Now that we have an understanding of the technology hidden behind the world of hybrid vehicles, let’s have a look at the different types. The reality is that, not all hybrids are created equal! Hybrid cars are categorized based on their degree of hybridization and the drivetrains that they utilize. There are many kinds of hybrids, the main ones are; conventional hybrid, mild hybrid, full hybrid, and plug-in hybrid.
Conventional hybrids are the most basic kind of hybrid vehicles out there. They utilize only two forms of hybrid technology; idle-off capability and depending on the vehicle, a system that sacrifices fuel economy for acceleration. As I mentioned in the previous post, idle-off capability is the cars ability to shut off the main engine at times when it is not needed, such as in heavy traffic, low speeds, or stop lights. The second, sacrificing fuel economy for acceleration, allows the car to run faster, but creates a disadvantage as it consumes more gas than other hybrids. Also, this type of hybrid does not allow for plug-in into an electrical source for the battery. Instead, it charges the battery through regenerative braking and and its gas engine.
Mild hybrids are a step up from conventional hybrids, although they too don’t have full capabilities. Mild hybrids have idle-off capability (like the conventional hybrid), regenerative braking, as well as an electric motor. The difference is that mild hybrids are more focused on fuel economy than conventional hybrids, eliminating the sacrifice of gas for acceleration. The disadvantage is that this kind of hybrid boasts a smaller engine/motor as well as weaker battery, making the vehicle less powerful. Some automakers provide the option to include direct-injection and turbocharging, allowing for them to maintain the same performance level; but of course, this comes at an extra cost. Regardless, it is a good alternative, because you get the main benefits of a hybrid car at lower cost and weight.
(above is chart comparing a mild hybrid vs a full hybrid, which we will cover next. Notice how the mild hybrid as much smaller battery pack and comes with a generator rather than an electric motor.)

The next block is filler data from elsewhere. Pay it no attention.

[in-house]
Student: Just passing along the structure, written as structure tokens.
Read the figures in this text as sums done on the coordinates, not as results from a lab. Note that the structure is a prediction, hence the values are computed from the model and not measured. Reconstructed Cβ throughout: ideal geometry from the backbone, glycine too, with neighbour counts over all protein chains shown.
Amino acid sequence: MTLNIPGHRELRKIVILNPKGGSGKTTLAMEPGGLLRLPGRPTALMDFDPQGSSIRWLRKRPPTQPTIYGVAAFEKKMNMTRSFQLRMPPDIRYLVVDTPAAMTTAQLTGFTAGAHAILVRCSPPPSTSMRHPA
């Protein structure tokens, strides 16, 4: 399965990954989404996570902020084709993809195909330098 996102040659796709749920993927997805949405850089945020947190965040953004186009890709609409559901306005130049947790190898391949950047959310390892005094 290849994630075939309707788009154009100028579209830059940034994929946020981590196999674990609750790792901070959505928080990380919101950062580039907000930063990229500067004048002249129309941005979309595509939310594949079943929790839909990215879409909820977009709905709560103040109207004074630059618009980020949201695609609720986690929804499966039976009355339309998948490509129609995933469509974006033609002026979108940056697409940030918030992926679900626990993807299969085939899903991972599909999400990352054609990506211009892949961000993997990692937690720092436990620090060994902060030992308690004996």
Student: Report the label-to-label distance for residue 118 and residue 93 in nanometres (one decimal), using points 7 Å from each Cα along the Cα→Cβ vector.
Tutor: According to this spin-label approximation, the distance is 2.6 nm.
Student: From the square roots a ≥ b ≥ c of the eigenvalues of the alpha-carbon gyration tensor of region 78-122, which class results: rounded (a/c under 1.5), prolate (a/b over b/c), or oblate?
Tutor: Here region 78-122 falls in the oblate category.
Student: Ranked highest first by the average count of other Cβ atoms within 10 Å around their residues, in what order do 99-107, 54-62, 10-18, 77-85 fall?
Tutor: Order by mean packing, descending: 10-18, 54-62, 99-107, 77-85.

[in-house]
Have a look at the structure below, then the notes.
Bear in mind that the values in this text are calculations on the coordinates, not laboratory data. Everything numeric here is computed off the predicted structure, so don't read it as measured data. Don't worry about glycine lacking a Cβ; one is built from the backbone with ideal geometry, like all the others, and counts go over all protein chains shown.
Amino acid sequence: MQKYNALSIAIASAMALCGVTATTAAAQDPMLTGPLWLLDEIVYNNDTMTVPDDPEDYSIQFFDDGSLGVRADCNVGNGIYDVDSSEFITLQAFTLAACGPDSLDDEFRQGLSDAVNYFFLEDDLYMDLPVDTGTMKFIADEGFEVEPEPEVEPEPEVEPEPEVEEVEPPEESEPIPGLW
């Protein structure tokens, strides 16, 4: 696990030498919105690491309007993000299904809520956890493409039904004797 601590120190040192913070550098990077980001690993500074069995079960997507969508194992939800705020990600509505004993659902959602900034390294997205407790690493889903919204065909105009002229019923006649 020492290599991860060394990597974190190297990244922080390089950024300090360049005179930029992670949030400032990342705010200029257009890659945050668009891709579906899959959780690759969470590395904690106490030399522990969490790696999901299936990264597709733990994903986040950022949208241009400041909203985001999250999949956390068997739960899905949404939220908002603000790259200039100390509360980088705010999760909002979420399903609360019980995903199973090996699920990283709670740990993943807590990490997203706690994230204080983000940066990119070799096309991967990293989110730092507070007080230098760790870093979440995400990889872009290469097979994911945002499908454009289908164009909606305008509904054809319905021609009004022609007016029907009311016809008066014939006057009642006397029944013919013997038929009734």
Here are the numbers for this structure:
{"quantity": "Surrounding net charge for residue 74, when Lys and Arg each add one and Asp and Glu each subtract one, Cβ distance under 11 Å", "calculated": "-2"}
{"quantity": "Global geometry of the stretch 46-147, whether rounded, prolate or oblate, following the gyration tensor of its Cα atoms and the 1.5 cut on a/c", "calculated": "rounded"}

Full Hybrid and Plug-in Hybrid:
A full hybrid has the three main features of a mild hybrid, but includes an electric motor, allowing the vehicle to save even more gas, as the electric motor can be used to power the vehicle. The arrangement of its electric motor, engine, and battery system make it so that the vehicle can drive using electricity at low speeds/cruising. If more power is needed, the engine kicks in and allows the vehicle to operate with twice as much power. The vehicles accessories, such as the a/c, windows, and radio are all powered using the battery. This system allows for more fuel consumption under certain circumstances. (The graphic above shows how a full hybrid system differs from a mild-hybrid system.) Plug-in hybrids are nearly identical to full hybrids, but come with batteries that are rechargeable using a wall plug and the vehicle is able to drive for more than 20 miles on electricity alone. Pretty innovative huh?
(above is an image of a plug-in hybrid being charged)
All hybrid vehicles offer innovative dual-source powertrains that will progressively introduce improved performance and efficiency statistics. Cutting-edge hybrid technology promises to be prominent in future, as it satisfies consumers that demand better fuel economy as well s those desiring performance. The future of the automobile appears to be promising, as this is just the foundation of hybrid vehicle technology.